If using a clucky hen to hatch eggs, place a batch (between 8 to 12 eggs depending upon the size of the hen) in the nest and watch to ensure that the mother can cover all the eggs while sitting (remove any not covered, as these will slowly be rotated out into the cold, eventually destroying all the eggs). You need do nothing more until the mother brings all her babies off the nest at the end of incubation. She will sit very tightly for the last 3 days of hatching. Do not lift her up at this stage to see how the chicks are hatching, as this will drop th humidity around the hatching chicks and dry them out. Then they will stick to the shell and die.

If you are using an incubator, set the temperature to the required level (usually 103°F or 39°C for still air incubators and two degrees C lower for fan forced incubators) and put water in the required area to maintain the humidity level correctly. It is safer to run your incubator for a few days before setting eggs in it to ensure that the temperature remains stable and the thermostat is functioning properly.

Before putting your eggs in the incubator it is best to mark one side with an “X “and the other side with an “O” and start them off by lying them all out with the X showing or all with the O showing. This way when you come to turn the eggs next time, you know which ones have been turned and which have not. Eggs should be turned regularly and al least twice daily (more often is better). The incubation period varies but is around 21 days for fowl (18 to 20 for some bantams), 28 days for geese, turkeys, guinea fowl and most ducks and 35 days for muscovy ducks. See our table of hatching times for poultry eggs.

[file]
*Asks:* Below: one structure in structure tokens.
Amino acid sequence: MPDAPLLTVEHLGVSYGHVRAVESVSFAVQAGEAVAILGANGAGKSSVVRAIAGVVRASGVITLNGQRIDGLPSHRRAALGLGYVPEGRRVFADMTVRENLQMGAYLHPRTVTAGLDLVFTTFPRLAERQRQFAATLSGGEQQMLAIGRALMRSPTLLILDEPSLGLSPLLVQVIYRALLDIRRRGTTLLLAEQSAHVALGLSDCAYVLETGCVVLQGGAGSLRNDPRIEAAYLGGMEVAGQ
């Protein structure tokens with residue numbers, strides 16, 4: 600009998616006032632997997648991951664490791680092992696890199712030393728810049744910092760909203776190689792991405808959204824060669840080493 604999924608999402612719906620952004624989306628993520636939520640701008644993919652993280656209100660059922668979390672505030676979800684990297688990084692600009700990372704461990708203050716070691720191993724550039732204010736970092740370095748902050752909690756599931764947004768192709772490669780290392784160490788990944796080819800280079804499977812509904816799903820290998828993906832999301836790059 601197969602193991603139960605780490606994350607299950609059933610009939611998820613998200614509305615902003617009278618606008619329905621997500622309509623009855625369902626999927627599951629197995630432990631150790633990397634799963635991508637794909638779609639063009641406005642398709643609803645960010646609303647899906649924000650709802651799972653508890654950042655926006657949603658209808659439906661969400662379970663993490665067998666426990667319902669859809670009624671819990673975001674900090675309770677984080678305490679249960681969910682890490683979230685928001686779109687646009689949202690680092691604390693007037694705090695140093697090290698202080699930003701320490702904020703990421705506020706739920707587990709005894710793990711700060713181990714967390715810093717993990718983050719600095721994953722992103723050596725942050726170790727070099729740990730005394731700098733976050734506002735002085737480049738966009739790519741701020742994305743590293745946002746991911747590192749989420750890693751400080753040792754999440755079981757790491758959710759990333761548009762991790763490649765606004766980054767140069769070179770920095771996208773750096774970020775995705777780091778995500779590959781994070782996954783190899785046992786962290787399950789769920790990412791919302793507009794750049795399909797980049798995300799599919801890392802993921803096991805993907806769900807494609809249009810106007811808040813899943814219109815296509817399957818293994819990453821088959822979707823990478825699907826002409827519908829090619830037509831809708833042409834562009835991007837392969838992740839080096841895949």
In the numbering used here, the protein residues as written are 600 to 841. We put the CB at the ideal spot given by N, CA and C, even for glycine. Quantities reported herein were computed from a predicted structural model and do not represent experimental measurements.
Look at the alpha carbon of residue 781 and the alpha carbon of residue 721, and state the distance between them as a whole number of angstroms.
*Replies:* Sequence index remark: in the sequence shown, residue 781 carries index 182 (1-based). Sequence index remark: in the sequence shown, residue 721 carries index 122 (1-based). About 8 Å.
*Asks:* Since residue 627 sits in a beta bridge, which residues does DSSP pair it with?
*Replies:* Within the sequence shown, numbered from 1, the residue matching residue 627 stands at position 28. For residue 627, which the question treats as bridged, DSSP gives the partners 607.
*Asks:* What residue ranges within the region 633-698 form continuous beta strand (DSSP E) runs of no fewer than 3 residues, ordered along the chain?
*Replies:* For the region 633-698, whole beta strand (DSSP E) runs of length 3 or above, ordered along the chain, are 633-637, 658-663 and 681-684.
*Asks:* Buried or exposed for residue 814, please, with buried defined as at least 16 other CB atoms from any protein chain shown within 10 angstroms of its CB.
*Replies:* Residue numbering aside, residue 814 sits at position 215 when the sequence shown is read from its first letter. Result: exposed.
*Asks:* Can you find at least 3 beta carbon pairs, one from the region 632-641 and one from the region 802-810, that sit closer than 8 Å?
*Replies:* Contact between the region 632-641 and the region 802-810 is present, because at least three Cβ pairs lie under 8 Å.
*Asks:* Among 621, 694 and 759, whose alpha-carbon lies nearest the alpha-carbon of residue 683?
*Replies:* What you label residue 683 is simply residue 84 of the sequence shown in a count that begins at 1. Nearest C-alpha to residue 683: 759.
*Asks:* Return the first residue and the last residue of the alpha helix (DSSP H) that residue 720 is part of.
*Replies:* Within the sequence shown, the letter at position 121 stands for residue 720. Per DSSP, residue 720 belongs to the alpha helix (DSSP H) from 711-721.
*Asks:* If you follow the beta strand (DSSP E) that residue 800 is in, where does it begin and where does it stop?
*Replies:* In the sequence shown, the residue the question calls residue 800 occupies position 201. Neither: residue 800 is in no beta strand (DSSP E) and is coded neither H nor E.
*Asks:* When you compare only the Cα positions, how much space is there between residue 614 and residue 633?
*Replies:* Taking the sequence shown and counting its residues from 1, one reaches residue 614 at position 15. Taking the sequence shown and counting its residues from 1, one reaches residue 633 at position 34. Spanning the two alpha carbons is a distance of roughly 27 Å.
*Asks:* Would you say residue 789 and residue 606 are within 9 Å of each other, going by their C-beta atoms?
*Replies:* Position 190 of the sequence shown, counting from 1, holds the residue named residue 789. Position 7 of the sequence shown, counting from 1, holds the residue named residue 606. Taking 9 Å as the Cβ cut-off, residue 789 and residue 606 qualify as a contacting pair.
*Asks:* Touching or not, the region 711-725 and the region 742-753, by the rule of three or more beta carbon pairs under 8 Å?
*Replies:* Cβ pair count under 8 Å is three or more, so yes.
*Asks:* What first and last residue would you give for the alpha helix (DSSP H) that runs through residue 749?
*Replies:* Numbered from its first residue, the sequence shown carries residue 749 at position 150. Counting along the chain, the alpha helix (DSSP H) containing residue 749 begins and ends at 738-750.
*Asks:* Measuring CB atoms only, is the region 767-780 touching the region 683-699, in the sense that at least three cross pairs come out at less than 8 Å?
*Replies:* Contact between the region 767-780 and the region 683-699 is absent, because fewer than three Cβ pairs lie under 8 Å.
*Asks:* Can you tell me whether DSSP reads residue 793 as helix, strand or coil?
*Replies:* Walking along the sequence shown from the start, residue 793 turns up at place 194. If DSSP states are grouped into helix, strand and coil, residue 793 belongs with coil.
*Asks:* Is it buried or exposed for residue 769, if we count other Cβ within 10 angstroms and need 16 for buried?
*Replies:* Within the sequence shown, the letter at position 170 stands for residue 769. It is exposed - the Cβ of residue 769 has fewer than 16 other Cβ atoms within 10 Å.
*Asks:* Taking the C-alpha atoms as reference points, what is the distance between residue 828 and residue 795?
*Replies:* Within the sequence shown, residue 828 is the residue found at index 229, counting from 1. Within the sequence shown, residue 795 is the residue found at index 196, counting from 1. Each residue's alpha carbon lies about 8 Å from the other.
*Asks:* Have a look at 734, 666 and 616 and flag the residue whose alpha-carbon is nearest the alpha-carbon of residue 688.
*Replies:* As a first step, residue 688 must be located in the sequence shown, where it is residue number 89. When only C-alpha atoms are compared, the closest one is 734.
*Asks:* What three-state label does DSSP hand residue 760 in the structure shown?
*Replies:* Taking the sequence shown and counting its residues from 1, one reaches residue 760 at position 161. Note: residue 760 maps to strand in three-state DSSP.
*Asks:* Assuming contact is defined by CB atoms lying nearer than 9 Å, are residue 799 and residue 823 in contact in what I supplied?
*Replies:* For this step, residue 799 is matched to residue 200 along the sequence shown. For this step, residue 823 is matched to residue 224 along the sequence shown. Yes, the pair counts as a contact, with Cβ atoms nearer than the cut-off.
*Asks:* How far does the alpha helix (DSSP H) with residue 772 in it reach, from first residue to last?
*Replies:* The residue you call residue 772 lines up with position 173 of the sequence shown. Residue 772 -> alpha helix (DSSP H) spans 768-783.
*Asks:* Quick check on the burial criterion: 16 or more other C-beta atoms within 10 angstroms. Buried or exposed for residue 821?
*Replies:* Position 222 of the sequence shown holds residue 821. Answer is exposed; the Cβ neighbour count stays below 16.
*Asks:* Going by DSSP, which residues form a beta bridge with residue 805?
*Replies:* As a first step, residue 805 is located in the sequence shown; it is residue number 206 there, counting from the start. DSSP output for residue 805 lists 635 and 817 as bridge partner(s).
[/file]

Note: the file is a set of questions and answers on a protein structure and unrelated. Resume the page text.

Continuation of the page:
Candling involves shining a light through the egg and observing whether the embryo has formed or not. This is done at seven days after incubation has started. If the egg is fertile, you will see a small blob like a passion fruit seed (the eye and brain forming) and sometimes a network of veins and arteries branching from it. If the egg is infertile, it will be clear or evenly shaded throughout with no blobs at all. The infertile eggs should be removed from the incubator as they may contaminate the fertile eggs if left behind.